The box on the left shows the expected outcome for 1607 pupils at the end of Year Two based on the norms of the Young’s Parallel Spelling Test* used to evaluate their progress. The box on the right shows the actual results of the 1607 pupils in the study taught by staff trained in Sounds~Write.

By the end of Key Stage One 413 pupils (25•7%) who traditionally would have been expected to score below their chronological ages have actually scored above them.

Including the pupils who scored below, but within 6 months of their actual age level (252 pupils), we get to a grand total of 1463 out of the 1607 that will be moving up to Key Stage Two with basic literacy skills at an age appropriate level, or above. This amounts to 91% of the children in the study.

What has happened is an improvement in the literacy functioning ability of the whole cohort: all pupils show improvement when compared with the progress made in the past by those pupils on whom the test was originally standardised. Much research in this area is short term, looking for effects on pupils based upon interventions of less than 6 months. These effects often seem to mysteriously disappear over the following 12 months. Results are also frequently presented as average scores that can mask the fact that the positive effects claimed were achieved solely by the pupils at the upper end of the literacy ability range, leaving those functioning at the lower end no better off, and additionally even further behind those that are doing well. Sounds~Write was written with its main goal being the improvement and acceleration of the development of literacy skills for ALL pupils, and tracking this large sample of children individually through Key Stage One has demonstrated that this goal has largely been achieved.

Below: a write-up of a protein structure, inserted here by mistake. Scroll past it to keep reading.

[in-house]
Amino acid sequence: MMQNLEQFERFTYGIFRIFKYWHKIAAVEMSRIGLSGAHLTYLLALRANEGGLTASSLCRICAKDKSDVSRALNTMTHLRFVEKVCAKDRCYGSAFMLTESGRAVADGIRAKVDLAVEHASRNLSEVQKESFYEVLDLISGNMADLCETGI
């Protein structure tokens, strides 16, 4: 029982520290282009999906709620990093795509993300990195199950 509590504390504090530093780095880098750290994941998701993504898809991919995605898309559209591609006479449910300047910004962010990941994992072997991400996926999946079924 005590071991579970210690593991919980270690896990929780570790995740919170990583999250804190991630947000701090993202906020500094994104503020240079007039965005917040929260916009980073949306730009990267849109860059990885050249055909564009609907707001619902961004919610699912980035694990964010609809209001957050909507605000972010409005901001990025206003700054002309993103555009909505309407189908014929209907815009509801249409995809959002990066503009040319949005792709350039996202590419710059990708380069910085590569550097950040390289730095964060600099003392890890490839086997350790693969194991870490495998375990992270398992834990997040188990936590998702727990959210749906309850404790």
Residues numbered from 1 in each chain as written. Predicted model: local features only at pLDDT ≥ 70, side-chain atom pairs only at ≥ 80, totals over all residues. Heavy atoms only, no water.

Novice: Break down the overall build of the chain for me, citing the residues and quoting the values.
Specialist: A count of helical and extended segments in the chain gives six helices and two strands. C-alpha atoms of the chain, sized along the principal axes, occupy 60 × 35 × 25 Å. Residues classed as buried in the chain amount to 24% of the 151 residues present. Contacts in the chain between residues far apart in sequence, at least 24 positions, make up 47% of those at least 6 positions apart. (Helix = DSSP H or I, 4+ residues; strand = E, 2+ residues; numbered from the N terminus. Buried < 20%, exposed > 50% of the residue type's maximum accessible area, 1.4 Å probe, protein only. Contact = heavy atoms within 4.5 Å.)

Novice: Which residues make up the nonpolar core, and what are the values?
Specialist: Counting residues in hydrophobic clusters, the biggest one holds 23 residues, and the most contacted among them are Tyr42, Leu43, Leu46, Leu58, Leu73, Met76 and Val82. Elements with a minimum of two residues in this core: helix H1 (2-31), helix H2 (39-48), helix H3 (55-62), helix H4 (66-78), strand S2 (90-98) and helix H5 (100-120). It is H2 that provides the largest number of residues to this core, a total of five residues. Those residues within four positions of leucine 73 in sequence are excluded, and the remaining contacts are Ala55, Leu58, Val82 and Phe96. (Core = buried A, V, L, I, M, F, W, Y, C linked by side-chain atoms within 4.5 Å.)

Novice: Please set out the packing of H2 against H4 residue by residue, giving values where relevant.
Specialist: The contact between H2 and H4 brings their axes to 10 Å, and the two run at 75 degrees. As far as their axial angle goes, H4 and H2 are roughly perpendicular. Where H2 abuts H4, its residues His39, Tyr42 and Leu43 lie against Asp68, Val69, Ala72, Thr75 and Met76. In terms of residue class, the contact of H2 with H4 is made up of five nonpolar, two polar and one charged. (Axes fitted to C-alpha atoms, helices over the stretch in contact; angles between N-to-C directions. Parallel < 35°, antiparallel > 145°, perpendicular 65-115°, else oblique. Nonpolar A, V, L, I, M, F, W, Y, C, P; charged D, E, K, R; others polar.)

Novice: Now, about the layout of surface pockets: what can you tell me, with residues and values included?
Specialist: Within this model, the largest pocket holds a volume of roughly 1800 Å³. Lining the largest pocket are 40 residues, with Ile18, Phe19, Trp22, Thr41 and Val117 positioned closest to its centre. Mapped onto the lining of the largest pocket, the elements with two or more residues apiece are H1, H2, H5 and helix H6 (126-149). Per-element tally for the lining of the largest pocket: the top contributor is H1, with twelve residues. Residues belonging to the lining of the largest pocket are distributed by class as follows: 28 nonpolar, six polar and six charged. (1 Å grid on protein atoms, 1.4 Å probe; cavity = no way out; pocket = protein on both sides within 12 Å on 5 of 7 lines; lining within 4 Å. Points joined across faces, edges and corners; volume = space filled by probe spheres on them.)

Gender differences in speed of literacy skills acquisition are a continuing problem for the National Literacy Strategy because of the relatively poor performance of boys. With the linguistic phonic teaching used in this study this has not proved to be the case. For those pupils developmentally ready to engage with formal literacy tuition at the time of school entry, the performance of the boys and girls is very similar with girls pulling ahead over the three years by only about 1•5 months at the end of Year Two (a difference of no pedagogical consequence). It is, however, apparent from the data that about 18.6% of pupils were not really ready to engage intellectually with formal tuition when starting their Reception Year. More of these pupils were boys than girls, as would be predicted from basic knowledge about gender differences in early development, particularly speech and language. The data shows almost twice as many boys as girls were not ready to benefit fully from the formal tuition of literacy in Reception (the actual figures being 195 boys to 104 girls. The boys to girls ratio is therefore close to 1•9: 1•0).

These results will soon be available in very close detail on the Sounds-Write website. Watch this space.